Malaysian palm oil lobby offers prize for essays persuading people the sector does not drive deforestation
By Megan Darby
Global demand for palm oil, an ingredient in a whole range of foods and cosmetics, is a major driver of tropical deforestation.
That is what scientific studies and green groups on the ground find. To their credit, some consumer goods companies are cracking down on forest clearance in their supply chains.
But the Malaysian Palm Oil Council would prefer to convince you it is no problem at all.
It is offering prizes worth US$15,000 for essays on the topic: “Oil palm is not the driver of deforestation.”
Another US$15,000 is up for grabs on a health theme: “Fats including palm oil consumption are no longer associated with coronary heart disease.”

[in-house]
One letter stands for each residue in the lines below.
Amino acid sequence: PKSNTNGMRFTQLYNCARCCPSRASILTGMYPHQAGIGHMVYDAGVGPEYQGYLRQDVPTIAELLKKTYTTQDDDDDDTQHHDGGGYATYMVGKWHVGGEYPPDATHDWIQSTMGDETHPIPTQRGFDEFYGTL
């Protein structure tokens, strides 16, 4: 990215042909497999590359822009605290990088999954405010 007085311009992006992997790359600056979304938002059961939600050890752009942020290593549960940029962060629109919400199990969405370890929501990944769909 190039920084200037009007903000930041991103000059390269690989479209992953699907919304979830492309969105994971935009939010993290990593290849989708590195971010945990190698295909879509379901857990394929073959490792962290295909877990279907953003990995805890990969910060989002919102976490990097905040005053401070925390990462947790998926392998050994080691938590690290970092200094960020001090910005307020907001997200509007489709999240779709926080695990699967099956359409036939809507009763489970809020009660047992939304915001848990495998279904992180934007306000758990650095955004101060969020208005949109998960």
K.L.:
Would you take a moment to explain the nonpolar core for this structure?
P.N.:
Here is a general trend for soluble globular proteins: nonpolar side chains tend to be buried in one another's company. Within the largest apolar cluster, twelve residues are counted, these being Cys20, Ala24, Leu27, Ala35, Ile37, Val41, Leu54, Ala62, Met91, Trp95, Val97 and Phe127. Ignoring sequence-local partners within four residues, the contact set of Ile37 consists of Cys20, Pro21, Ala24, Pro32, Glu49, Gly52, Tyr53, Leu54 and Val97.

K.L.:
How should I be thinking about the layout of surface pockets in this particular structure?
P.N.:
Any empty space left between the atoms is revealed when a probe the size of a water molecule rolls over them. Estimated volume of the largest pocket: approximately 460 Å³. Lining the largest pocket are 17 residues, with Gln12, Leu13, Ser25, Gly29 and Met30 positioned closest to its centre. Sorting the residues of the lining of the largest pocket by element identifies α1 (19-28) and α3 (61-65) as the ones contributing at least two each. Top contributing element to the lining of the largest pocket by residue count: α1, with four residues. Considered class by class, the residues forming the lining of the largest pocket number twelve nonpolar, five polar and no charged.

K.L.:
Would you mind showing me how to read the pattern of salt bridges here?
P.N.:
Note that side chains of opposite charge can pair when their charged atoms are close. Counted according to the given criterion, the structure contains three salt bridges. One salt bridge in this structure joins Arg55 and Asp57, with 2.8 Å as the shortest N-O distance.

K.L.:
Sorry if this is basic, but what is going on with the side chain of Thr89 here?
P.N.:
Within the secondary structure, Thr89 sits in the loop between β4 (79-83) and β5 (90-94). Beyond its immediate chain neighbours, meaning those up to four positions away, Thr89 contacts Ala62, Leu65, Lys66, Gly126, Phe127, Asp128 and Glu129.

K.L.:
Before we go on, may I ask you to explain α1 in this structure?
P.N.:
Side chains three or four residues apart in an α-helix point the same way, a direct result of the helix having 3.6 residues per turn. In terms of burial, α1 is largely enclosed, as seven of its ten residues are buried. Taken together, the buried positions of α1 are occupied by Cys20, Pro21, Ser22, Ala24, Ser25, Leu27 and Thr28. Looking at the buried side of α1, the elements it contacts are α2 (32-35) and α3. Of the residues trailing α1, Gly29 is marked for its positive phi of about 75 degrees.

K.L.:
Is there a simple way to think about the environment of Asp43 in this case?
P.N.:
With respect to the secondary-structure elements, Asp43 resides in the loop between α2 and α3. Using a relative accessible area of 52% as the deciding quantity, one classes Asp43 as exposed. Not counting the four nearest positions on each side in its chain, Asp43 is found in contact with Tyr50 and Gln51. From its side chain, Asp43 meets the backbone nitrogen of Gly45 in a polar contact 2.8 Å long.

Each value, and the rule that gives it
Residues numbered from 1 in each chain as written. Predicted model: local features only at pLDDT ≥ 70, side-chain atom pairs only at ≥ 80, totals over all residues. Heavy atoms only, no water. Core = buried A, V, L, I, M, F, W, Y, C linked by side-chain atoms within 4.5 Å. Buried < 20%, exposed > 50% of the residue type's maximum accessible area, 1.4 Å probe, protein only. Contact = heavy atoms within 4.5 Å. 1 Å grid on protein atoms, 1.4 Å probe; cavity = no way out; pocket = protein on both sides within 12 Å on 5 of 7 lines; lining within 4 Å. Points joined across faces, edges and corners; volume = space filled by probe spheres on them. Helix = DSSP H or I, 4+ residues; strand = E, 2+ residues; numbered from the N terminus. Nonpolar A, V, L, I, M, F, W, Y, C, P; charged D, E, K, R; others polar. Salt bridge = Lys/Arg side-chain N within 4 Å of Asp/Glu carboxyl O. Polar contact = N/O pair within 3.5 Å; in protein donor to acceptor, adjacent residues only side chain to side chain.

Nothing to see here, then.
And the industry marketing body is quite clear that “only entries responding to the topic will be considered”.
Due to “popular and overwhelming interest”, it has extended the deadline to 30 May.
It has got David Dellatore of the Sumatran Orangutan Society riled.
He argues on the Mongabay website this is “wasteful propaganda” that diverts resources from finding solutions to deforestation.
It’s hard to disagree.
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